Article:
- Dr McCollin works on identifying latent structure within systems reliability data. He attempts to identify structure on the basis of physical relationships and systems structure. Any complex system with many failure times where previous analysis has identified the exponential distribution as fitting the data is therefore a candidate for further analysis. Current work involves modelling with Lévy processes. He is currently applying the methods to dementia data.
- Dr Archontis Giannakidis’s research lies in developing novel techniques for the intelligent processing of visual information, with a particular focus on biomedical applications. His research includes using machine learning and deep learning techniques for extracting clinically useful information from cardiovascular MRI datasets. Another main research area of his is in diffusion tensor MRI. His research is linked to Allied Health Professions, Dentistry, Nursing and Pharmacy subject area.
The research of the Biomathematics and Bioinformatics group focuses on the development of novel mathematical and statistical approaches for analysis of data emerging from various disciplines, including Biosciences. It aligns with the Allied Health Professions, Dentistry, Nursing and Pharmacy subject area and Health and Wellbeing strategic research theme.
- Prof Chuzhanova's research interests include in silico modelling of mechanisms of mutations underlying inherited disease and cancer, based upon computational statistics and DNA complexity measures. She is particularly interested in the role of repetitive sequences, epigenetic factors and 3D architecture of the human genome in mutagenesis.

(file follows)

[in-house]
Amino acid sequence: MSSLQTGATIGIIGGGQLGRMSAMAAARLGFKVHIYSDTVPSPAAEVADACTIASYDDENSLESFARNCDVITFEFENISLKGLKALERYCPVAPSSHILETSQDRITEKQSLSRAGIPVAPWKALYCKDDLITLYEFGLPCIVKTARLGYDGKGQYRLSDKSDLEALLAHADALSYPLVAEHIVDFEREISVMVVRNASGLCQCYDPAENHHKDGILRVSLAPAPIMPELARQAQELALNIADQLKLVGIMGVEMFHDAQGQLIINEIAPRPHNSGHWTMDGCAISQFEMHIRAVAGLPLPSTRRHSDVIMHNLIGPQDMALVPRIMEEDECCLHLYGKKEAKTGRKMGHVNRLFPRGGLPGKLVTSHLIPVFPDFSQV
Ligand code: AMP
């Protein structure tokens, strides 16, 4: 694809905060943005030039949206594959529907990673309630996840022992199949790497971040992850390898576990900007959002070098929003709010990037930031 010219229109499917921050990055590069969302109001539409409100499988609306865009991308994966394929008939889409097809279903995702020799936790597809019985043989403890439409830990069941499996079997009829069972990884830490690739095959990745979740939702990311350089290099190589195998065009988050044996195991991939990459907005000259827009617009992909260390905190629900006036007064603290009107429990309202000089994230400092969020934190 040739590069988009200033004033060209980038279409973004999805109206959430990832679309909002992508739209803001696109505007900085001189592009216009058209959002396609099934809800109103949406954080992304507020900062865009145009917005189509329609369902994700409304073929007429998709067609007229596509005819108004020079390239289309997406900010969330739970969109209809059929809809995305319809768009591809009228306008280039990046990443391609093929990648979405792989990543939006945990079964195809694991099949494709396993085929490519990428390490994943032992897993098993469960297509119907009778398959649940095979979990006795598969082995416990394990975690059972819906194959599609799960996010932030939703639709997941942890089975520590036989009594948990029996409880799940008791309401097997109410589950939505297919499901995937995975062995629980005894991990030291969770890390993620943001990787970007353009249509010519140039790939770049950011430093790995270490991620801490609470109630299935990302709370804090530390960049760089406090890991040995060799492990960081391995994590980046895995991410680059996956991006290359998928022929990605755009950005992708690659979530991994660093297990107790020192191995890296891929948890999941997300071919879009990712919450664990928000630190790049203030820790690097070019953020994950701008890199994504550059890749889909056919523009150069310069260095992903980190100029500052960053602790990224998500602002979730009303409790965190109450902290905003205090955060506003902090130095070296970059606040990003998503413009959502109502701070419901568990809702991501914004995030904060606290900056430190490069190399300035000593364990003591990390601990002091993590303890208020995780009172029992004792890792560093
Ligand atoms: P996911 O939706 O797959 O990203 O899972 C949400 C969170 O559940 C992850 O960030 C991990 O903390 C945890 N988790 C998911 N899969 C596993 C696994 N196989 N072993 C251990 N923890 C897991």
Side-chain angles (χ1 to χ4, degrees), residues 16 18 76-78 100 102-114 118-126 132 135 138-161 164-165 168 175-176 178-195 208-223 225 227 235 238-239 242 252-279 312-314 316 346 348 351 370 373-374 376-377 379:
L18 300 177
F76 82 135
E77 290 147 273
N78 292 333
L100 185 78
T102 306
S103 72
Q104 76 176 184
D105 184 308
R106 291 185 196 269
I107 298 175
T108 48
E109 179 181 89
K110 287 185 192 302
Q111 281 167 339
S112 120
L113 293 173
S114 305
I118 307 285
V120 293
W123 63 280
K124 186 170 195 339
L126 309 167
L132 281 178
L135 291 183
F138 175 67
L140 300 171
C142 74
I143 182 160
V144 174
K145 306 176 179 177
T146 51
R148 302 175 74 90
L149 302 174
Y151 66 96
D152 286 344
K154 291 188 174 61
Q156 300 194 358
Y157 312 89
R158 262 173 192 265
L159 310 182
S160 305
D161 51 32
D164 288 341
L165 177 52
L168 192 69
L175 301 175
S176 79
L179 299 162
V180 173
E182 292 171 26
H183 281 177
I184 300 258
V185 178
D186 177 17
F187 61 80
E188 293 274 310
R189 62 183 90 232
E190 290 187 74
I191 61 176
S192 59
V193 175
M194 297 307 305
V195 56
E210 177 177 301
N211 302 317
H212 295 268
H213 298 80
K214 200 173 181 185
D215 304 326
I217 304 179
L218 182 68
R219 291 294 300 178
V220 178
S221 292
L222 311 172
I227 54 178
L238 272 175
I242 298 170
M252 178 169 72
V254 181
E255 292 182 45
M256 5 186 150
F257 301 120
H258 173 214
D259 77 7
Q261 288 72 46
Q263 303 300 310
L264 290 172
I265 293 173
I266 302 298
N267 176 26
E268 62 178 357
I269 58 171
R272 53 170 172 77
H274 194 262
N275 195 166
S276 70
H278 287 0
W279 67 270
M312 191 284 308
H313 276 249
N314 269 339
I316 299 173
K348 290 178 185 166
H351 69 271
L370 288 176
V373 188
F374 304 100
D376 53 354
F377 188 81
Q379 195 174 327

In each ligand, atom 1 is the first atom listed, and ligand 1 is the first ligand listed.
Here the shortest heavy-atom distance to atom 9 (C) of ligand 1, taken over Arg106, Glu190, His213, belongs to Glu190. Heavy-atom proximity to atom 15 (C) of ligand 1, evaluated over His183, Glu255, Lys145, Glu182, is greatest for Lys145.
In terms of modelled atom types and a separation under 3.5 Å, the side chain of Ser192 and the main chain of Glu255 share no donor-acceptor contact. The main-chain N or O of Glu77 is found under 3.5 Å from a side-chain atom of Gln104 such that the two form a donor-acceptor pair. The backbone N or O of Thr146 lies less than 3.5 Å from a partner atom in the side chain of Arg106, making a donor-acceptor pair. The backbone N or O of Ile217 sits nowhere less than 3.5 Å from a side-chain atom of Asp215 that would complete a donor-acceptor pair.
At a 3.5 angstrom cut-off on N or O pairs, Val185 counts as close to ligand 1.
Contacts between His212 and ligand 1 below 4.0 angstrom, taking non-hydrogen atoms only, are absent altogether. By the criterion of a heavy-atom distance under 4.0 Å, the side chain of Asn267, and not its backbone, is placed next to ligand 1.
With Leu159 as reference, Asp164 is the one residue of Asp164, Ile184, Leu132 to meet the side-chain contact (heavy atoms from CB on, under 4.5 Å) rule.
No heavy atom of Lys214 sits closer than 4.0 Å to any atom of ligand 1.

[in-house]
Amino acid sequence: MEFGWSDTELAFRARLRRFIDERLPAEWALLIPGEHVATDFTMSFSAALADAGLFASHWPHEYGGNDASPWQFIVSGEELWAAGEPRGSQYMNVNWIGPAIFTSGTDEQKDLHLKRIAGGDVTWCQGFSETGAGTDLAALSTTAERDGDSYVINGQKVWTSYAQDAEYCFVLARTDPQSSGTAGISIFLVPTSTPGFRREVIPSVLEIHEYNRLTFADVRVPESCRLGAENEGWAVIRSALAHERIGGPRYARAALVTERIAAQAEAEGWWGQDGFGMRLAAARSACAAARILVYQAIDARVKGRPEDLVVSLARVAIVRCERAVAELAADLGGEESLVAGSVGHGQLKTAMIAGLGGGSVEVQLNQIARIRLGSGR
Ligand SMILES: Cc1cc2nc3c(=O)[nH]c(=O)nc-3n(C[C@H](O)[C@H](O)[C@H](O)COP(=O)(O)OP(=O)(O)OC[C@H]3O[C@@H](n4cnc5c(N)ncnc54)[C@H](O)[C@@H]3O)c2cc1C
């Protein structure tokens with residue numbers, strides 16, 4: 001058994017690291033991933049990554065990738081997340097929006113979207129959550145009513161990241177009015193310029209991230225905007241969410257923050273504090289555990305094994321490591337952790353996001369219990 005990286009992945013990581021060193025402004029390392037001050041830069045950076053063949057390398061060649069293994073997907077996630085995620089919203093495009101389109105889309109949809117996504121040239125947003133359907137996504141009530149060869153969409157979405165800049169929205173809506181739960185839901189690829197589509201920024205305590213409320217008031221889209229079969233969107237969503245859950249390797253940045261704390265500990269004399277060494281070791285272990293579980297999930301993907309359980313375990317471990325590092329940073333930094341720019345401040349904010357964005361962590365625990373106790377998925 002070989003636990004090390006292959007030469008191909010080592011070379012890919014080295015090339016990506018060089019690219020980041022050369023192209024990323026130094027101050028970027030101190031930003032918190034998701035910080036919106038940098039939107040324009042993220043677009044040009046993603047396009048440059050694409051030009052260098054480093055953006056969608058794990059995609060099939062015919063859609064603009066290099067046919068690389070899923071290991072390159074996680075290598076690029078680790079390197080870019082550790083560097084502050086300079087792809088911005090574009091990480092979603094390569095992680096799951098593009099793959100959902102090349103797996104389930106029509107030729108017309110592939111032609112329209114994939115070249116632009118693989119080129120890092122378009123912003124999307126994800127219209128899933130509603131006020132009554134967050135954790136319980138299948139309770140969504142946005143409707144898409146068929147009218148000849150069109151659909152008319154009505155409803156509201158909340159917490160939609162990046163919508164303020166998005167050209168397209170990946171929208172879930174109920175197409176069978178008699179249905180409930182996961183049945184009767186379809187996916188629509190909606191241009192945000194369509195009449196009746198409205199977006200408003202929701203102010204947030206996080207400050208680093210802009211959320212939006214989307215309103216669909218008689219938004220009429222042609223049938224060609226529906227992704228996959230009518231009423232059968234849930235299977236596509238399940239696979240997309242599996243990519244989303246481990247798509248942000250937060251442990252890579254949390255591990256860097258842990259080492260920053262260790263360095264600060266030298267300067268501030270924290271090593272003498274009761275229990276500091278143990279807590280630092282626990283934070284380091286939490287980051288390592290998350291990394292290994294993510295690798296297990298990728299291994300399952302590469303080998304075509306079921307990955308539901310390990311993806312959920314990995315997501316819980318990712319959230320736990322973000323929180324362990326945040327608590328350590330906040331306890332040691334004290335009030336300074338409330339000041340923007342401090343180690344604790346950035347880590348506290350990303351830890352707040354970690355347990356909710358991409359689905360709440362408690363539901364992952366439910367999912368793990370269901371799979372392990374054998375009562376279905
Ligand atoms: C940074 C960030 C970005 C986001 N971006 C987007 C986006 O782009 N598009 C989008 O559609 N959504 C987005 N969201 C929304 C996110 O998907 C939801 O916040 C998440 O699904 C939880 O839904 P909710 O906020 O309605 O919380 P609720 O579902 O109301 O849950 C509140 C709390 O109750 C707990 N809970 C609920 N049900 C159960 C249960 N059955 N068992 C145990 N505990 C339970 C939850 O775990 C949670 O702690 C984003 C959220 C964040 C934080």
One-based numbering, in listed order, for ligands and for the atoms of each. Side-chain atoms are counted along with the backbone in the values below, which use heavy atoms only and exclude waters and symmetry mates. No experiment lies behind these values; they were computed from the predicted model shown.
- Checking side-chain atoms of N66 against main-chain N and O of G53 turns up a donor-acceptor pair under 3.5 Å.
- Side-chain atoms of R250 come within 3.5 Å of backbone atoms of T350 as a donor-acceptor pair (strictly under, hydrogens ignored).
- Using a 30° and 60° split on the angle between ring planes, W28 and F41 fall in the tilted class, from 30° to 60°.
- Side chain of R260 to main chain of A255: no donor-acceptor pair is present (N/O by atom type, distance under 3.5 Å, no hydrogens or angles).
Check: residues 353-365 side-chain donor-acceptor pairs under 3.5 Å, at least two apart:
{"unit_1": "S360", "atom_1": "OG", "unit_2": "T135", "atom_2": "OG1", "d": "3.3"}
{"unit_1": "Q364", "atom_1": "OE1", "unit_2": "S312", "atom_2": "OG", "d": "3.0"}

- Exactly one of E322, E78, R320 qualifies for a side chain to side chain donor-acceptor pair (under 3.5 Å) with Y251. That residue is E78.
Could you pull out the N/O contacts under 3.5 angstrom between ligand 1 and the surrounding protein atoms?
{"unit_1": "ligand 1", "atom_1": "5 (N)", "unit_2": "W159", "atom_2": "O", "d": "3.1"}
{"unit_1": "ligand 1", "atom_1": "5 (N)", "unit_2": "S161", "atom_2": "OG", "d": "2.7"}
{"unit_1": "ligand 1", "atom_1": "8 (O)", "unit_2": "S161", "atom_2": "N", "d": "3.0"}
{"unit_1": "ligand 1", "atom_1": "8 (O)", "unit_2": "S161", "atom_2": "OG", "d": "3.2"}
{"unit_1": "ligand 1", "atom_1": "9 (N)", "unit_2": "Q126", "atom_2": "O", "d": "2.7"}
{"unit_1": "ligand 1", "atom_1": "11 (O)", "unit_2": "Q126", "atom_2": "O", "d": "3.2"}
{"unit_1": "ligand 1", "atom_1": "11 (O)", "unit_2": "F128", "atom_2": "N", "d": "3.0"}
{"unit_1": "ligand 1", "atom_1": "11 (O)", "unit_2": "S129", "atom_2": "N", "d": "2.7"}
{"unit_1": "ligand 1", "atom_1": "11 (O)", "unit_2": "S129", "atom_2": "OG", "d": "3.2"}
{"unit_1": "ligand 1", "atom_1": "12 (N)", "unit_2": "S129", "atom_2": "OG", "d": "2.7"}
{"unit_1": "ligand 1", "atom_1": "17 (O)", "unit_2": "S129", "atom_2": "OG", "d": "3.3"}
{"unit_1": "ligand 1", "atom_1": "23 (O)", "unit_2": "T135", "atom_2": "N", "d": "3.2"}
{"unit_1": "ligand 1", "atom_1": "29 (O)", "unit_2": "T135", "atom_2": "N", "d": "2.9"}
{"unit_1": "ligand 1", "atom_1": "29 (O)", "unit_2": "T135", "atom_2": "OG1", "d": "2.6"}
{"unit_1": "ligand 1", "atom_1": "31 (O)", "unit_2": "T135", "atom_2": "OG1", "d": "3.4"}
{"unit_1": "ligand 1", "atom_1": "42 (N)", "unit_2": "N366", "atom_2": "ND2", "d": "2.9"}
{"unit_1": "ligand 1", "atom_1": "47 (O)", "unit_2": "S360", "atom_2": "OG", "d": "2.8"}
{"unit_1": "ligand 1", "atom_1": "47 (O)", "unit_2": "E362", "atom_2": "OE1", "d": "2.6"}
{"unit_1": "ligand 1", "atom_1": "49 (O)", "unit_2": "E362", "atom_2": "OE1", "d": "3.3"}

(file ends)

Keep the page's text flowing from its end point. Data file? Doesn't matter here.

- Dr Crofts' research is in computational and applied mathematics with strong interests in computational neuroscience. In particular, his current research focuses on developing new mathematical approaches that combine techniques from network science, data-mining and dynamical systems in order to understand complex self-organising systems such as the brain.
- Dr Nelson's research is primarily in the area of Mathematical Biology, with particular focus on biomechanical models and models of complex many-cell systems. Applications to date include morphogenesis of soft tissues, tissue engineering, and sexually-transmitted infections. Current projects include modelling spatial aspects of the anti-inflammatory response via both partial differential equations and cellular automata models, and using techniques from network science and dynamical systems theory to elucidate the mechanisms underlying certain neurological conditions.
- Dr Chappell's research interests surround mathematical modelling and numerical analysis with industrial applications. Areas of current interest include time-dependent wave propagation problems, boundary integral and boundary element methods, convolution quadrature methods, inverse problems, fluid-structure interaction problems, high frequency wave modelling in complex industrial and engineering structures, numerical methods for phase space flow equations, uncertainty modelling and multi-scale methods. In 2016, Dr Chappell was awarded the Vice Chancellor’s Outstanding Researcher Award (early career). Dr Chappell is a member of Computation and Simulation group; his research is aligned with the Engineering subject area.